Königsberg (now Kaliningrad) was one of the main strongholds of the Teutonic Order, and later Prussia, in these lands. It was a city-fortress, which was repeatedly strengthened and rebuilt in favor of the military "fashion". Thus, the largest reconstruction of the city occurred after the Napoleonic wars, when, thanks to the French Contribution, the German government received a large amount of money, which it decided to spend on building a huge defensive system around Koenigsberg, the most powerful and modern in those times. So were founded 12 forts of Koenigsberg and 3 more additional fortresses, called "Königsberg fortifications". An interesting fact: several million German marks were spent on the construction of all fortifications, but as a result, NO ONE FORT could not withstand a long siege or did not accept the battle at all. The thing is that as a result, today most of the forts are in a deplorable state, and this is not due to the Soviet bombings in 1943-1944, but because of time and lack of care. Today, most of the forts are destroyed or mothballed, they are gradually being destroyed. Only in two there are works on reconstruction, including the one by the expense of philanthropists and with the help of volunteers (fort No.11 Dönhoff). They have an excellent excursions about the place for all the tourists, which I highly recommend to visit.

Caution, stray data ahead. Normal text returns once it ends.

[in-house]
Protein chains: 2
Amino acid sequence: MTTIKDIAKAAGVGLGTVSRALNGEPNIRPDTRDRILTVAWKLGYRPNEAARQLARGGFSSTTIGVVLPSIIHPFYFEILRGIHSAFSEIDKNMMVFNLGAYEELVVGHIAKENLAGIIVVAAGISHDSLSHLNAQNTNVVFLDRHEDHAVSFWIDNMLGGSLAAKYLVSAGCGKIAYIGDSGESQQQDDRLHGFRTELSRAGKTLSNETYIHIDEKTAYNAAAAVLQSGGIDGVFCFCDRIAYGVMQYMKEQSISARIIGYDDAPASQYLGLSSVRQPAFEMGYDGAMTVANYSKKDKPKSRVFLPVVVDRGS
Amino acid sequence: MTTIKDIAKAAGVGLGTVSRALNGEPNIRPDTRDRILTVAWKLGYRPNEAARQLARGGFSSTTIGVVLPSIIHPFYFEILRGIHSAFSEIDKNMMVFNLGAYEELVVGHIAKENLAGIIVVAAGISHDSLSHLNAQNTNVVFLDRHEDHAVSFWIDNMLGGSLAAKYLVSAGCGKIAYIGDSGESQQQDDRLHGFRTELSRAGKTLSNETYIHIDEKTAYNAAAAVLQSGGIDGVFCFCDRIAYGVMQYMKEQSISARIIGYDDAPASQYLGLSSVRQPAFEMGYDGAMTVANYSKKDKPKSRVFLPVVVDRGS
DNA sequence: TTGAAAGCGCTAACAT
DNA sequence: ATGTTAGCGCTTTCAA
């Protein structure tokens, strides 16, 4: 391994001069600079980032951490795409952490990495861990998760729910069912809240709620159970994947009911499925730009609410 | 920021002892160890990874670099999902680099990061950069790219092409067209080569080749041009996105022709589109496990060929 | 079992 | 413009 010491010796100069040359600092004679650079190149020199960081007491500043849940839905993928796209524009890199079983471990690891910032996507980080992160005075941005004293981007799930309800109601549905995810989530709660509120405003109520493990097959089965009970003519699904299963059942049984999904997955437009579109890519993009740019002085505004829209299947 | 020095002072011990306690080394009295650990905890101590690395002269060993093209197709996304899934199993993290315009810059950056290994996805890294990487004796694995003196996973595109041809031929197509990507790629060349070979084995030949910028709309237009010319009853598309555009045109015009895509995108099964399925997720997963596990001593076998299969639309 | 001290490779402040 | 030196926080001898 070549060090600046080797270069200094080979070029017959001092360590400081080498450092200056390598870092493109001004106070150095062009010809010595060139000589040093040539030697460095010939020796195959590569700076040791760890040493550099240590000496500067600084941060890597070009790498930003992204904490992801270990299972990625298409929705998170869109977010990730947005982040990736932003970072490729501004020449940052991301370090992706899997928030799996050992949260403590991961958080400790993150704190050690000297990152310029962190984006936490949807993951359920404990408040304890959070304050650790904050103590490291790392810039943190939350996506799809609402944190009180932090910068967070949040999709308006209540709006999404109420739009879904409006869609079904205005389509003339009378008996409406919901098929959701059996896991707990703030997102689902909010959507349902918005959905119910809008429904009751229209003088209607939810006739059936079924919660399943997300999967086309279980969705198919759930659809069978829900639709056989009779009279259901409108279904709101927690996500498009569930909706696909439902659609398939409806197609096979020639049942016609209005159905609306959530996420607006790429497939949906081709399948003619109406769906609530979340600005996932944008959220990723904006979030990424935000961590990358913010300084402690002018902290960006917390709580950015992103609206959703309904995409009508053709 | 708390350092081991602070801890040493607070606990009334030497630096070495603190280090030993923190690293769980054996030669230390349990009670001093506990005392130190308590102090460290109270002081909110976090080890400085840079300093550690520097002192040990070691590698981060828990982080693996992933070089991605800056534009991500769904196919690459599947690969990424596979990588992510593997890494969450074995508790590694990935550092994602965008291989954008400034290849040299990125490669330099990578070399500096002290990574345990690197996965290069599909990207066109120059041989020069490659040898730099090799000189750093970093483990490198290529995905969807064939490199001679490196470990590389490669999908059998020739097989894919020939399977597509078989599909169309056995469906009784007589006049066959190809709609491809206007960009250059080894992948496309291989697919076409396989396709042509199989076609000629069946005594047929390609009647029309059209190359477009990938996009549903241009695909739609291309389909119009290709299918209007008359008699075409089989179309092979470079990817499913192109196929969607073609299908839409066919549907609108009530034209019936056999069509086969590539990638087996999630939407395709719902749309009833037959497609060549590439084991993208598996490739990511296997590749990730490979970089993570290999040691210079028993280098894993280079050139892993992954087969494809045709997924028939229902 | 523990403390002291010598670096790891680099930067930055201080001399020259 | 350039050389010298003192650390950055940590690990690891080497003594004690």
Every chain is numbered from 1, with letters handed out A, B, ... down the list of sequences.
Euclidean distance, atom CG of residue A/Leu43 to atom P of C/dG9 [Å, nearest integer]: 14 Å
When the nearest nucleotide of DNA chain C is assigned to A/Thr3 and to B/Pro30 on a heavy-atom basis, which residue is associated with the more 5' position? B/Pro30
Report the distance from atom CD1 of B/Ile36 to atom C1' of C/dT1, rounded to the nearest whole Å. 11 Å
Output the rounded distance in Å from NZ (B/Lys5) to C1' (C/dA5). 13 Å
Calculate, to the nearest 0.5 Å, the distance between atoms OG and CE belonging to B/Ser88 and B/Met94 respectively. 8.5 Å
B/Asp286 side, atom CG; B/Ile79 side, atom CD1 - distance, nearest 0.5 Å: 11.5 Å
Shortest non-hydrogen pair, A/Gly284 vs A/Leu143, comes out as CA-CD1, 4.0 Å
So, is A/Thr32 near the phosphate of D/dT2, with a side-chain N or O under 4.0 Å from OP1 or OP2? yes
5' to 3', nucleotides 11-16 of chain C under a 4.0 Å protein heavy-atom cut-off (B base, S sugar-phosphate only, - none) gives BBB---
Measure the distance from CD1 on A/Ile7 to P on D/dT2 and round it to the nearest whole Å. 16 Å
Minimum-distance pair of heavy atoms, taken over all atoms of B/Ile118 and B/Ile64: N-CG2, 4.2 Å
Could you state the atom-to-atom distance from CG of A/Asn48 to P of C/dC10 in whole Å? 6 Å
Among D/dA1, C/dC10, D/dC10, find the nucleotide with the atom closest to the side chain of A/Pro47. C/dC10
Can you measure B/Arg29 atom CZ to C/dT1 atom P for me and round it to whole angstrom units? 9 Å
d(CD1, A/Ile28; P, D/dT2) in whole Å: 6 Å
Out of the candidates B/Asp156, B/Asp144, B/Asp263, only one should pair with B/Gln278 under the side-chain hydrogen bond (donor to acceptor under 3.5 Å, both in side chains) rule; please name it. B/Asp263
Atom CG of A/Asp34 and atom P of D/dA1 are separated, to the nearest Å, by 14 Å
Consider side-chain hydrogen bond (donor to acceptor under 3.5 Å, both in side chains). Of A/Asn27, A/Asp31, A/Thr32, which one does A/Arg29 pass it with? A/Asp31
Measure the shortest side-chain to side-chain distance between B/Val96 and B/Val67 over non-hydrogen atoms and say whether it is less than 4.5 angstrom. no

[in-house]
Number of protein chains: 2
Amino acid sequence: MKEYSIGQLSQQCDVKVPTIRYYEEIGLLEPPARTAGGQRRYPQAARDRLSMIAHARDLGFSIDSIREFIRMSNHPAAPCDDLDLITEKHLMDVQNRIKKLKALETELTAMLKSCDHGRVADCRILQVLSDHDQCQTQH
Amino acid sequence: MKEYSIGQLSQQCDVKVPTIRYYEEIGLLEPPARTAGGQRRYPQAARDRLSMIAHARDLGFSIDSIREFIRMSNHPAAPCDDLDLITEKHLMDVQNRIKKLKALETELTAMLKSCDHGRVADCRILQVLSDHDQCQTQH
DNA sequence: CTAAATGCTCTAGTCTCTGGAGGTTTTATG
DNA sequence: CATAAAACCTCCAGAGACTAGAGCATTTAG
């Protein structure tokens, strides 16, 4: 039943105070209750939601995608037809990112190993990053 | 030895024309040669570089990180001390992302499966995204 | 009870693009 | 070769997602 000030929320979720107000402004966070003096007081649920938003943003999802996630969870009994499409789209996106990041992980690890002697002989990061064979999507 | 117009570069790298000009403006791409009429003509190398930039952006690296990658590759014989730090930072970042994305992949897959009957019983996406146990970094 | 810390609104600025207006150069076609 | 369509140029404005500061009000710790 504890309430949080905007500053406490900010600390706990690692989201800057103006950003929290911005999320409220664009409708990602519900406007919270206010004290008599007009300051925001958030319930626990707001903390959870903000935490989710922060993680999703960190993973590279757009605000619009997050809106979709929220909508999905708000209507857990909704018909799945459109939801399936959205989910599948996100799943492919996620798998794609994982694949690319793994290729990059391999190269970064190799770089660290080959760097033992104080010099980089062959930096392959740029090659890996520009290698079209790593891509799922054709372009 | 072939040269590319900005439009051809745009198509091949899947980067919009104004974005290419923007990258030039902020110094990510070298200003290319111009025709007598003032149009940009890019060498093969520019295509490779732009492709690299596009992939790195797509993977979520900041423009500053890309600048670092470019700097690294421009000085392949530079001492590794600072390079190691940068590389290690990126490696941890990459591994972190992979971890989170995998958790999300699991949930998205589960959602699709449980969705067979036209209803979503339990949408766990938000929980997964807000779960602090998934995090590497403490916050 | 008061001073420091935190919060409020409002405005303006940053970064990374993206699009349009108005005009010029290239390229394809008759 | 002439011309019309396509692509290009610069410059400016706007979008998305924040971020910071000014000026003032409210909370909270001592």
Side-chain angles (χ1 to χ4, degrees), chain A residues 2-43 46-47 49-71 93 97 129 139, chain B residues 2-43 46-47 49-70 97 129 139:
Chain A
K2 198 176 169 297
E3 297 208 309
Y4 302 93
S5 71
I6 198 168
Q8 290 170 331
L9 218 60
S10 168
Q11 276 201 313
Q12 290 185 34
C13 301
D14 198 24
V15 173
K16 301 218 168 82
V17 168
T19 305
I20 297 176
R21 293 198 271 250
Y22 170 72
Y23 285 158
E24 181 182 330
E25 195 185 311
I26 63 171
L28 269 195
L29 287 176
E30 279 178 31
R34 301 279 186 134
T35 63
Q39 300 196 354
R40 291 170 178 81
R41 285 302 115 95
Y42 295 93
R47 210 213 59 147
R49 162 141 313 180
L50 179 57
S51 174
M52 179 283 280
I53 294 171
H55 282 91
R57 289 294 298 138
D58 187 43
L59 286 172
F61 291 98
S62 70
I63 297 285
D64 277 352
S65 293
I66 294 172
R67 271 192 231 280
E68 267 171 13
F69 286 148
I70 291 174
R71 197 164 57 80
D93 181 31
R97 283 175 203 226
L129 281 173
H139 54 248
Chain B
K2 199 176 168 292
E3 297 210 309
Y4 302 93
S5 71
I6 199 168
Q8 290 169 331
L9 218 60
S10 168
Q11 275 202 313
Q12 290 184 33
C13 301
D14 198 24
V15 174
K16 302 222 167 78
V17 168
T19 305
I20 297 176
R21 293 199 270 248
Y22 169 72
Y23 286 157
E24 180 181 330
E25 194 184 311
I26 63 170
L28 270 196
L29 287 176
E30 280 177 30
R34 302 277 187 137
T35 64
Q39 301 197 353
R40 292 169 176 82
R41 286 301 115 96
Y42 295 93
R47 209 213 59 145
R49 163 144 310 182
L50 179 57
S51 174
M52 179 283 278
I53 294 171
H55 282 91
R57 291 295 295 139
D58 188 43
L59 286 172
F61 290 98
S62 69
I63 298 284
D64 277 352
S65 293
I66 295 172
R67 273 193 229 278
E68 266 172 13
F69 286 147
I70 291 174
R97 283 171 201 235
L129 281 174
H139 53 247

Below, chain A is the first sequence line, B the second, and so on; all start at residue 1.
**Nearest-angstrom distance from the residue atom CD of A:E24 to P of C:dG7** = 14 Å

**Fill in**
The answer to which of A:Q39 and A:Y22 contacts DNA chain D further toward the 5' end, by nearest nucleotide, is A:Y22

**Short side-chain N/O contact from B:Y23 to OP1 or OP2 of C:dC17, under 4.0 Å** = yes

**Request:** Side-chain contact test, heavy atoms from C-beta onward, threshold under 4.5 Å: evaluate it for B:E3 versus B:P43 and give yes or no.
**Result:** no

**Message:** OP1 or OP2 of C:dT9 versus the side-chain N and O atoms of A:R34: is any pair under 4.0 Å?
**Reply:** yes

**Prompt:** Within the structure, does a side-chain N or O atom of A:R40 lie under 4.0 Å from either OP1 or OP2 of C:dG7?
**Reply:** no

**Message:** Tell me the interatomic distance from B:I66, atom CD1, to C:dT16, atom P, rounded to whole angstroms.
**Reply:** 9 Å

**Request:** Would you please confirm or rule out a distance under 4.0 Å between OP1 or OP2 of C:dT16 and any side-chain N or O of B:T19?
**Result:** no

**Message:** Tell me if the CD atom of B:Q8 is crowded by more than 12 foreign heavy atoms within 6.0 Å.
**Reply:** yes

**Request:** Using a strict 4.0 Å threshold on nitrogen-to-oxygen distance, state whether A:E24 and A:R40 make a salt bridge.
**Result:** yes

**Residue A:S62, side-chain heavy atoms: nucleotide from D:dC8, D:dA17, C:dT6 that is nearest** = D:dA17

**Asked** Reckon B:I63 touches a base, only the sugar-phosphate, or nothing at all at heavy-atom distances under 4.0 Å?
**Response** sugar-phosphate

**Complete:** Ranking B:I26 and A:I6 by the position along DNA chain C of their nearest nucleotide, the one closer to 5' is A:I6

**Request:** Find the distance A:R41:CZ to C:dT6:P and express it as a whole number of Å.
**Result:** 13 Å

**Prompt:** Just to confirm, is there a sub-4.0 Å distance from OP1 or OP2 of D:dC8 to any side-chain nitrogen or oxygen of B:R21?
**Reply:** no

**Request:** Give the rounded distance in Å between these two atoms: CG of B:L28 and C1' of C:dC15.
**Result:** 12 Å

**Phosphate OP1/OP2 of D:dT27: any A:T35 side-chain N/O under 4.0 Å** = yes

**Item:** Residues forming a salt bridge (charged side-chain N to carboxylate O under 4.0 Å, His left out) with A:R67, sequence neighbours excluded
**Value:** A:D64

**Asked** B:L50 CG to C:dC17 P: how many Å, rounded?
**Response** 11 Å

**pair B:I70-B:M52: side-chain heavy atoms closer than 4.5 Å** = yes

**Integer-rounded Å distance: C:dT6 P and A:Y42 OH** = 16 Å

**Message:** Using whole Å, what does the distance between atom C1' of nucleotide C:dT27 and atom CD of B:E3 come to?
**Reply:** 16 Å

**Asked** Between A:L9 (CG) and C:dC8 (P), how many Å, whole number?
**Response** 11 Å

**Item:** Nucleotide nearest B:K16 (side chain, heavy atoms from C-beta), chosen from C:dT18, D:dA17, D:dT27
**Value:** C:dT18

The city-fortress Königsberg was renamed Kaliningrad from the time it was incorporated into the Soviet Union, but most of the buildings here still have German roots. Although the city was badly damaged during the war (for example, part of the city on the island of Kant was completely destroyed), today throughout the center here and there you can find the skeletons of ancient fortresses and fortifications. For example, the eight gates of the fortress still adorn the streets, massive brick towers and bastions are raising into city parks and even used for university buildings, and in one of the bastions is located the famous Amber Museum - the main museum of this mineral in the world. All is because of the best masters in jewelry from amber, the main part of which is mined nearby, on the Baltic coast, worked precisely in Königsberg-Kaliningrad.